It is to be emphasized that Low’s work allows to classify the stable caustics of small wave fronts, but not directly of (big) wave fronts. Clearly, a (big) wave front is a one-parameter family of small wave fronts. A qualitative change of a small wave front, in dependence of a parameter, is called a “metamorphosis” in the English literature and a “perestroika” in the Russian literature. Combining Low’s results with the theory of metamorphoses, or perestroikas, could lead to a classsification of the stable caustics of (big) wave fronts. However, this has not been worked out until now.

Wave fronts in general relativity have been studied in a long series of articles by Newman, Frittelli, and collaborators. For some aspects of their work see Sections 2.9 and 3.4. In the quasi-Newtonian approximation formalism of lensing, the classification of caustics is treated in great detail in the book by Petters, Levine, and Wambsganss [275]. Interesting related mateial can also be found in Blandford and Narayan [34]. For a nice exposition of caustics in ordinary optics see Berry and Upstill [28].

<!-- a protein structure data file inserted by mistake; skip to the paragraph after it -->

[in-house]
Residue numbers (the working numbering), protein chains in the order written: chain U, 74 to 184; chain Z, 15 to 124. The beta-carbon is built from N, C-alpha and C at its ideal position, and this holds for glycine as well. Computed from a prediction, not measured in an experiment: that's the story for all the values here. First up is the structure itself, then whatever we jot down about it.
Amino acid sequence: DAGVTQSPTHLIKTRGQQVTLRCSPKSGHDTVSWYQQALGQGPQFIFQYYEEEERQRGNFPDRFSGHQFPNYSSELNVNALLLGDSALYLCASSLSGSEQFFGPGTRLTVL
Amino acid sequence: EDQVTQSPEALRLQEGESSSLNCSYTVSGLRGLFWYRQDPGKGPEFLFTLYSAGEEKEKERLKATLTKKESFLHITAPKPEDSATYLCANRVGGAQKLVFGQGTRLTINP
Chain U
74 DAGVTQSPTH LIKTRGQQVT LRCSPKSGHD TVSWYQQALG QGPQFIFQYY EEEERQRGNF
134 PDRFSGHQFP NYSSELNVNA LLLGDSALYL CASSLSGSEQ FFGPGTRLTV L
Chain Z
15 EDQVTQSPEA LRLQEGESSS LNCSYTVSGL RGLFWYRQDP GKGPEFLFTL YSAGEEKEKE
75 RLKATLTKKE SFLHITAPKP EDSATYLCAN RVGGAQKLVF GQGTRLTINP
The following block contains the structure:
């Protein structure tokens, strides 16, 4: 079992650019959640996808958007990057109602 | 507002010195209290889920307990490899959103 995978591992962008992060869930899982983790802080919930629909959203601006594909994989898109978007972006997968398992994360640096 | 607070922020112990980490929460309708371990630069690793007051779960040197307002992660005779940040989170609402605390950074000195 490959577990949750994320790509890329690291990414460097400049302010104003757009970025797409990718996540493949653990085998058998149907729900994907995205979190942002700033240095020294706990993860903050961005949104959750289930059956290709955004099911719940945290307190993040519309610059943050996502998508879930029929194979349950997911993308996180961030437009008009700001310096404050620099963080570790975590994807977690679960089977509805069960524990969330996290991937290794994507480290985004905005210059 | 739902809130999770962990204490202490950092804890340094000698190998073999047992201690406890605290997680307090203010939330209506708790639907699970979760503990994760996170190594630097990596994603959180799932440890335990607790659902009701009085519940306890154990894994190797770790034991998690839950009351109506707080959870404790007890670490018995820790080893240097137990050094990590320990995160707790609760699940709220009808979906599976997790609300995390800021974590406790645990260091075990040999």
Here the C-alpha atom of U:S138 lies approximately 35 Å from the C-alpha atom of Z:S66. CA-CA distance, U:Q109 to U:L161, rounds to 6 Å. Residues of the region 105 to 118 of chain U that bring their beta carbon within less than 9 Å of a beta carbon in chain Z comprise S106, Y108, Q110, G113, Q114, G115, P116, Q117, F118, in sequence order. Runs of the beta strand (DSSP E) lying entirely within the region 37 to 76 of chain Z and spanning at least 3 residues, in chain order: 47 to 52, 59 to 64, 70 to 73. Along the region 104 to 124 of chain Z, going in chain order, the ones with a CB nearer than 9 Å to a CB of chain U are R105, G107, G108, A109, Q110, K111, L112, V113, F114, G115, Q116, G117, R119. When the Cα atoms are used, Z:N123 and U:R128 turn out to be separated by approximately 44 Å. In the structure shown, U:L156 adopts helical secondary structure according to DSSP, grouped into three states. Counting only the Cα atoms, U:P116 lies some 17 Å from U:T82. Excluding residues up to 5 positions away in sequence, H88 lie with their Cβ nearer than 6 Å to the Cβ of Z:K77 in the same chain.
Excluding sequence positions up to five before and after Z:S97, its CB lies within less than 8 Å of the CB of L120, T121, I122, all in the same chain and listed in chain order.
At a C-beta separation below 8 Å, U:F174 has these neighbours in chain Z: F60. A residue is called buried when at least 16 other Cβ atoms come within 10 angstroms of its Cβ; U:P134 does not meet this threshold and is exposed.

A light source that comes close to the caustic of the observer’s past light cone is seen strongly magnified. For a point source whose worldline passes exactly through the caustic, the ray-optical treatment even gives an infinite brightness (see Section 2.6). If a light source passes behind a compact deflecting mass, its brightness increases and decreases in the course of time, with a maximum at the moment of closest approach to the caustic. Such microlensing events are routinely observed by monitoring a large number of stars in the bulge of our Galaxy, in the Magellanic Clouds, and in the Andromeda Galaxy (see, e.g., [227] for an overview). In his millennium essay on future perspectives of gravitational lensing, Blandford [33] mentioned the possibility of observing a chosen light source strongly magnified over a period of time with the help of a space-born telescope. The idea is to guide the spacecraft such that the worldline of the light source remains in (or close to) the one-parameter family of caustics of past light cones of the spacecraft over a period of time. This futuristic idea of “caustic surfing” was mathematically further discussed by Frittelli and Petters [127].